From recruitment and selection practices which embrace diversity and women in the workplace and give equal pay for equal work, to compensation and benefits where a cafeteria style menu can be implemented to cater to women’s specific needs, to training and development geared at giving the best minds, even if these are female the right tools to climb organizational levels, to policy and procedure development that promote equality, Human Resources can certainly mould the organizations that will lead to women being paid the same as men.  The regional HR associations could probably highlight their work to Ms. Browne so that she would know that HR professionals are doing their part to close the gender gap.

The report makes very interesting reading.  I strongly recommend it.

Bianca Attong


HR and the Global Economic Downturn

As economies all over the globe are slowing down, with rampant predictions of gloom and doom, what can we HR professionals do to keep the workforce positive and productive during these challenging times?

Communication comes to mind first and foremost. Employees must be made aware of how organisations anticipate the current conditions may affect them. We cannot hide and think we are immune or insulated from the problems of the leading economies, for this village we live in is now truly global. While we may not be able to share all our strategies to combat the crisis, we can at least relay a sense that we are in control and working to minimize adversity.

Focus groups can be established to generate solutions to mitigate the circumstances. Employees can brainstorm and present and discuss options to the wider workforce. This also goes a long way to ensuring buy in.

Revenues are going to be reduced and there may not be much that can be done to change this; so the costs or expenses have to be closely monitored. Finance can work along side Human Resources to advice management on where costs can be better managed. Costs for items such as kitchen supplies and stationery can be immediately addressed. Other costs can also be tackled with some closer analysis.

Technology can be utilized to greater effect with the introduction of teleconferencing and video conferencing facilities in-house or rented through service providers. While there may be short term costs associated with these, the long term savings may well be worth the initial outlay. We know first hand from our experiences with the CaribHRForum that virtual teams do work!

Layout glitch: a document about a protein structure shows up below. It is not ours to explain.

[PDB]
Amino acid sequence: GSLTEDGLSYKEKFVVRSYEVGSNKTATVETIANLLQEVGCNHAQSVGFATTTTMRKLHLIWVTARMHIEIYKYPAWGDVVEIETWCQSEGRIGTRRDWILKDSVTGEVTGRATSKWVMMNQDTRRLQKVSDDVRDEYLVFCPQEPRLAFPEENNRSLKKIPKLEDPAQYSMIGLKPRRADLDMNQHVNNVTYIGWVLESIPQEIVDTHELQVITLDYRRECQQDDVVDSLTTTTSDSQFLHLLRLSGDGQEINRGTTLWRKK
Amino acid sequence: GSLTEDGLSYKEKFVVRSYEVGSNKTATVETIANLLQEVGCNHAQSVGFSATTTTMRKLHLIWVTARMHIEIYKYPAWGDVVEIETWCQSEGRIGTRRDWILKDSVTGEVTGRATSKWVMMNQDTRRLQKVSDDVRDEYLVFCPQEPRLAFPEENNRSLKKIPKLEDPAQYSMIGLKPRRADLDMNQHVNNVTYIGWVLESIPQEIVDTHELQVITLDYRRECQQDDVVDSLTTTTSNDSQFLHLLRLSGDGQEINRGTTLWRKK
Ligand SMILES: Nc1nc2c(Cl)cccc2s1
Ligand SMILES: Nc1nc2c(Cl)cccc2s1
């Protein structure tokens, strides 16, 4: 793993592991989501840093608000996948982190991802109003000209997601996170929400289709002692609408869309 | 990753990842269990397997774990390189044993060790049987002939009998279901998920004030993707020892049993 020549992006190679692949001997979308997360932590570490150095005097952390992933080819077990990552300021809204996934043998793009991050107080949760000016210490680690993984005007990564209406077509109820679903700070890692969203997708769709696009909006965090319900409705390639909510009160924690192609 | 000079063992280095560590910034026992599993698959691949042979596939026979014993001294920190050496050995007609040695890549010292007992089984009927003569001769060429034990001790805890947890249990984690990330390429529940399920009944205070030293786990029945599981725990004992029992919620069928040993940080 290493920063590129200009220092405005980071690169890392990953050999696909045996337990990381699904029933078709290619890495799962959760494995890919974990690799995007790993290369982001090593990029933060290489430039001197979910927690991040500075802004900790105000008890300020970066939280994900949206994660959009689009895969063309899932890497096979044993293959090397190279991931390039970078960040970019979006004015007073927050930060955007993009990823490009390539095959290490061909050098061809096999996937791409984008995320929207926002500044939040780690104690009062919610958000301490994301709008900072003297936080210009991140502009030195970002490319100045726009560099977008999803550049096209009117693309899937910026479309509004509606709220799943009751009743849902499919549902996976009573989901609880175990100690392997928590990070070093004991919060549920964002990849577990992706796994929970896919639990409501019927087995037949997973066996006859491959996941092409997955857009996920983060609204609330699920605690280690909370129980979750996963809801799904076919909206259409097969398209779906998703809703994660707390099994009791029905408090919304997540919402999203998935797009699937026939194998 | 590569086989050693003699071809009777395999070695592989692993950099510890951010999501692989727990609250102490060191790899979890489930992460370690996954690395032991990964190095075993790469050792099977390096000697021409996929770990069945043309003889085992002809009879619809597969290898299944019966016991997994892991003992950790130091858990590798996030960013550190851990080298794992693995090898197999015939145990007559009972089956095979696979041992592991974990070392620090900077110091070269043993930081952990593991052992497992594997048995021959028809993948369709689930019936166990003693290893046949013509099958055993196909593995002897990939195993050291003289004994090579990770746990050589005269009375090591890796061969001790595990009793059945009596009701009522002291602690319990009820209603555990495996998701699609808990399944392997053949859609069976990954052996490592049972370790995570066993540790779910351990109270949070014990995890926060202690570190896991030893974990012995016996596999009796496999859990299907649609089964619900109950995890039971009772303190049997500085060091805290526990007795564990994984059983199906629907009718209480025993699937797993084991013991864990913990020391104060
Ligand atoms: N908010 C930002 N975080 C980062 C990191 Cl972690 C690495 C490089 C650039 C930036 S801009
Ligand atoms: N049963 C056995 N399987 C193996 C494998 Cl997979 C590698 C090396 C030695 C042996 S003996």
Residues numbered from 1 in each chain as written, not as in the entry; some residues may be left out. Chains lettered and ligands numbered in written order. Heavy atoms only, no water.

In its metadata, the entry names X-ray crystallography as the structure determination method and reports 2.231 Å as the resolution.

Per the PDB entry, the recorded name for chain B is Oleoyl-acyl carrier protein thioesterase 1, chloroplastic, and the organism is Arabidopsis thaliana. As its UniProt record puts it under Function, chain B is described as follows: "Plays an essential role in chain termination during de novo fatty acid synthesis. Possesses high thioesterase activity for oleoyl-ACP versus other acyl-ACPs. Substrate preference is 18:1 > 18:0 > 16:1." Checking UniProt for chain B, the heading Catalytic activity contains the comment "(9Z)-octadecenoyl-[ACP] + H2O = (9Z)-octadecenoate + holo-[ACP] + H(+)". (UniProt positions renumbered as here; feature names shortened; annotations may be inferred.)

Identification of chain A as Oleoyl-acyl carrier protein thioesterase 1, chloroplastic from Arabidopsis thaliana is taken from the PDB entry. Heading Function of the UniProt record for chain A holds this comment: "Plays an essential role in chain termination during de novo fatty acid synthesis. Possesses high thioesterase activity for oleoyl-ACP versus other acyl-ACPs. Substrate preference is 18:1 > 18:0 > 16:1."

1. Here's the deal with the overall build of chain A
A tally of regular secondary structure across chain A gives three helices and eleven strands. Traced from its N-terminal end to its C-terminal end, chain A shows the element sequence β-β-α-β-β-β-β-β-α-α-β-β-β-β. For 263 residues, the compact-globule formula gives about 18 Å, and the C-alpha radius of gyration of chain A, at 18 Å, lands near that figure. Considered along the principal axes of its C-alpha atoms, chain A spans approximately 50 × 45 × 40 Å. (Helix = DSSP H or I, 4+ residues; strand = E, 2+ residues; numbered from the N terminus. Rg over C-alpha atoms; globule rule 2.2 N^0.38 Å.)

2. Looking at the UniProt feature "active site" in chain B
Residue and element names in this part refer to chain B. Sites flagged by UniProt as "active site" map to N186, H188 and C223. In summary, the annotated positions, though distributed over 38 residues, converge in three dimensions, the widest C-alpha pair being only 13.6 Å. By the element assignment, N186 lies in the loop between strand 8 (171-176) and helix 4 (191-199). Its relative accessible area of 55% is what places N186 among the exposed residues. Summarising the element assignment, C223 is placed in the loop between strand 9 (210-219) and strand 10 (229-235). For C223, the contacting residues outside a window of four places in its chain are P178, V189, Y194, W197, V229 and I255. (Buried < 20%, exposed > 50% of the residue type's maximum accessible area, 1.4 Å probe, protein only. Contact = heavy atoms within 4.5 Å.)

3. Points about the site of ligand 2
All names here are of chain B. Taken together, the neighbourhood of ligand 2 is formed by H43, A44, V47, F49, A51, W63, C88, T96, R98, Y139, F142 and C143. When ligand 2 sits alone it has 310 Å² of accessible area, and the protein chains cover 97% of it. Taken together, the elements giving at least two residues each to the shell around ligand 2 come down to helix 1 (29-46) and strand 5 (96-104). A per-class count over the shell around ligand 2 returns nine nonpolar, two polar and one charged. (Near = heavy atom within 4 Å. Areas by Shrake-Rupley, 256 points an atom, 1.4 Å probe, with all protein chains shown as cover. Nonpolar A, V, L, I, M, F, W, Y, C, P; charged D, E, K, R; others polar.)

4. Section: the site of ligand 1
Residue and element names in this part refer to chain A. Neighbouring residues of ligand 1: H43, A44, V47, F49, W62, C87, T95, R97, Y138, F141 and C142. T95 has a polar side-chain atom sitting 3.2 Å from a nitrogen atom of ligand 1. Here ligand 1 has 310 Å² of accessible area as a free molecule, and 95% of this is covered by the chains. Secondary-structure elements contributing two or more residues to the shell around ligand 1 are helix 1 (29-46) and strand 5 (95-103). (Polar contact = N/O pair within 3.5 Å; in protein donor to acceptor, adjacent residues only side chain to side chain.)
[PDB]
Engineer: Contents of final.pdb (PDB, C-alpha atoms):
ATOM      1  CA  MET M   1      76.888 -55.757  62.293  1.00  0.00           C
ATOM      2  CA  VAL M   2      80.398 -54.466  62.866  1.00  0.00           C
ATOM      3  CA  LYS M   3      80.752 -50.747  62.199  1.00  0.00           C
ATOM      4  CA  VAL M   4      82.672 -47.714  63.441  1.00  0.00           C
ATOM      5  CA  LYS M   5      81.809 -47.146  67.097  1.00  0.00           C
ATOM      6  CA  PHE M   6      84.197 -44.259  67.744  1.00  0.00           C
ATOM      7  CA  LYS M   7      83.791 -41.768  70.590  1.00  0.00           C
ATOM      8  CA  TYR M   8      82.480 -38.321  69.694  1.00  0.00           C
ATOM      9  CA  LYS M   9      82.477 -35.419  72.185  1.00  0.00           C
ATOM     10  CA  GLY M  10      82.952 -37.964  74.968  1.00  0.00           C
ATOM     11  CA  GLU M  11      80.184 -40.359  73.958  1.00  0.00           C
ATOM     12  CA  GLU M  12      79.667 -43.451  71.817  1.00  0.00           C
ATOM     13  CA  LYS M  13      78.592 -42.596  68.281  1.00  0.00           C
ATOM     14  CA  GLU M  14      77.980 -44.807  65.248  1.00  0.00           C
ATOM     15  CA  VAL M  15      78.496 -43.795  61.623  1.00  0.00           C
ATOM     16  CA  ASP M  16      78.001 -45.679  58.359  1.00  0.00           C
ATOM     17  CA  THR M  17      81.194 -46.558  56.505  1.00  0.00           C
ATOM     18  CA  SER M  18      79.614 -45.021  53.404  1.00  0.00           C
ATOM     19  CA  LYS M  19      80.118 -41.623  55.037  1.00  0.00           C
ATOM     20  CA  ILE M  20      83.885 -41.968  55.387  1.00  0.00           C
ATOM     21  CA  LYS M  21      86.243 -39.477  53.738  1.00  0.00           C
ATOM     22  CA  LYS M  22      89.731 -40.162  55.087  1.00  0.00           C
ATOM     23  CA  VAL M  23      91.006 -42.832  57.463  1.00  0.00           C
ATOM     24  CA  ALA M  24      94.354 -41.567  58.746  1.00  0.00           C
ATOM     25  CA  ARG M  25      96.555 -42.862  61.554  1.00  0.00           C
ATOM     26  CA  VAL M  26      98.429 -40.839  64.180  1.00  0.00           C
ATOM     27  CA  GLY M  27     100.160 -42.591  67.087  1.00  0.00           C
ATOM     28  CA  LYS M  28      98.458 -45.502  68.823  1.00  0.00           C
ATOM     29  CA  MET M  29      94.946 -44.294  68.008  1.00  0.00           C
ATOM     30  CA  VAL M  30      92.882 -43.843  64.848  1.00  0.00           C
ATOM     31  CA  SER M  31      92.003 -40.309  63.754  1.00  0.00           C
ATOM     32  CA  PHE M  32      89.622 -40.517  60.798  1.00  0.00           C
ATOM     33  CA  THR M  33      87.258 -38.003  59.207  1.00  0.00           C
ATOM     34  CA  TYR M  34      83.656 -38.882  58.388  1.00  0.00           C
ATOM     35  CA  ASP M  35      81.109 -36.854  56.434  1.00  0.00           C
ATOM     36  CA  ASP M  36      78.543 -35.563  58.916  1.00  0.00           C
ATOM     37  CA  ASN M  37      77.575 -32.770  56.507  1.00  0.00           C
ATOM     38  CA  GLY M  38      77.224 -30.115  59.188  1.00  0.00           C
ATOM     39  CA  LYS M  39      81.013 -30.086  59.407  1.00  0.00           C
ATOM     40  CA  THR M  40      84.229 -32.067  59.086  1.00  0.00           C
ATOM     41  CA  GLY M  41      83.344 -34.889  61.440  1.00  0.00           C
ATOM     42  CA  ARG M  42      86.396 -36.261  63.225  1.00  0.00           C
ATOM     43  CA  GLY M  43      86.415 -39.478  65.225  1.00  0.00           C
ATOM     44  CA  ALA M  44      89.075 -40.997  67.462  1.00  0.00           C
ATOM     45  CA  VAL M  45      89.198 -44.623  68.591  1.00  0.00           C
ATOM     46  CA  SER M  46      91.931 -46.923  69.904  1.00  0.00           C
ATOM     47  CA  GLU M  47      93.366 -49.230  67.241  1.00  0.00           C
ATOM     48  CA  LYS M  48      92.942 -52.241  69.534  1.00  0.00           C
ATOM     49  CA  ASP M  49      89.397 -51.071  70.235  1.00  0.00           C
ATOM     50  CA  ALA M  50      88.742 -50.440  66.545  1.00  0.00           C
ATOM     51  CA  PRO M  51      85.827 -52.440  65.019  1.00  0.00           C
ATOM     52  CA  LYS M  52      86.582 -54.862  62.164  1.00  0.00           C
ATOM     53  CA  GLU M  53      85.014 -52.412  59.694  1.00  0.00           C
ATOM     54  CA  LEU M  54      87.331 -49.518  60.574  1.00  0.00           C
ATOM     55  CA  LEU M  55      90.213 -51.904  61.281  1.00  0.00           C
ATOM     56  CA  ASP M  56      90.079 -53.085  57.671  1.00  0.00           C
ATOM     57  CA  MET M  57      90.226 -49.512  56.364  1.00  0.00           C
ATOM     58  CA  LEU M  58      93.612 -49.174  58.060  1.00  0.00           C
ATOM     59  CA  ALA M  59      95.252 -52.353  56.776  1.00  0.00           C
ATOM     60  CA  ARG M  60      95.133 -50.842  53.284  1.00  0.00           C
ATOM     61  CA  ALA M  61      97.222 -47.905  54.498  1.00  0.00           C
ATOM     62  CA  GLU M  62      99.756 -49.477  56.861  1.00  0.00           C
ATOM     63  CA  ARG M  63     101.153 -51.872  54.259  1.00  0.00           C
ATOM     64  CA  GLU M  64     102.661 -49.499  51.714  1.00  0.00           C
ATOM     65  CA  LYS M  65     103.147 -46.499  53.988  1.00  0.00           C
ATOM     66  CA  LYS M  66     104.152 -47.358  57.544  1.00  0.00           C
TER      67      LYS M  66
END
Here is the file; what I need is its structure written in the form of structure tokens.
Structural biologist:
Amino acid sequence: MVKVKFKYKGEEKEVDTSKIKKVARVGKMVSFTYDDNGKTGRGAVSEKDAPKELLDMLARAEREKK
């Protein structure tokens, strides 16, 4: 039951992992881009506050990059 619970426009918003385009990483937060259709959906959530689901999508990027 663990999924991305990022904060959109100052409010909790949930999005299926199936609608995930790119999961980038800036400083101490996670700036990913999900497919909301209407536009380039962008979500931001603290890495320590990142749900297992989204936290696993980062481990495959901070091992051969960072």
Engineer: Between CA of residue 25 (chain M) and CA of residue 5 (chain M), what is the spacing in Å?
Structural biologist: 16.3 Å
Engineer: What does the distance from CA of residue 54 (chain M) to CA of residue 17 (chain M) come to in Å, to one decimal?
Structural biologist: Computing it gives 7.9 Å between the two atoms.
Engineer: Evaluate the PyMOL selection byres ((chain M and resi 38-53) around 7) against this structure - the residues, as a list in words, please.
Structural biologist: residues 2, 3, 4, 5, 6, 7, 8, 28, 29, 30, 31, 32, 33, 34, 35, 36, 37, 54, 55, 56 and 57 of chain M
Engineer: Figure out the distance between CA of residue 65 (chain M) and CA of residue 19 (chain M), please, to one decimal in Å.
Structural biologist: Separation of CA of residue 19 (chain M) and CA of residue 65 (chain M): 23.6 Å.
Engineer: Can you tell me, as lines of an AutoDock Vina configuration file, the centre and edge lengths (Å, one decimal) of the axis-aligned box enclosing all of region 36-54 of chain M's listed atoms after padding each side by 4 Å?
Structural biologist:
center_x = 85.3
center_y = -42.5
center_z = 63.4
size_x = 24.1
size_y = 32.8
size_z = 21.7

Emphasis must be placed on succession planning and retention of key employees during these times of uncertainty. Organisations can ill afford to lose prize talent when they need it the most.

Employees will be feeling more apprehensive and stressed, so that productivity can be affected. The use of Employee Assistance Programmes therefore becomes critical. Team Building sessions as well as those that focus on Stress Management may be timely.

Most of all, Human Resource professionals need to continue to be the warm, empathetic human beings that we are and smile as we seek to be a ray of hope in an otherwise unsettling world.

Bianca Attong


What Can HR Do For Me?

Well I guess it depends on who is asking this question.

We will explore this from the business perspective that is from the eyes of the line. (The People Management magazine of the Chartered Institute of Personnel and Development dated 18 September 2008 was used to help develop this article.

First of all HR should understand) what drives the business and what is their optimal operating model. In my organisation, we have adopted the Business Partnering model where the line is our first customer. This model was driven by the business and adopted to deliver on the needs of the business.

We also used the McKinsey 7-S framework, the strategy shapes, the structure, systems, leadership styles, shared values, skills and staff. We had to review all of it and the transition has been and is still is challenging. The main change is who is your primary customer and what this means for your role and the associated services.

We are expected to work through the line, where the line assumes prime responsibility for their staff and we advise and support the line. It is just as important for the line to understand what this means as it is for all HR personnel to understand what this means.

Gone are the days when the line says “HR wants to see you” to an employee with the intention of delivering some kind of reprim. This is now the role and function of the line consistent with the total management approach.

One of the first things that we did before moving to this model, external consultants conducted in-depth  surveys with all the major stakeholders to determine what they like about HR and what they would like to see in the future and what HR can do differently to be of strategic value. We needed to ask our customers what they want and what they thought of our current services.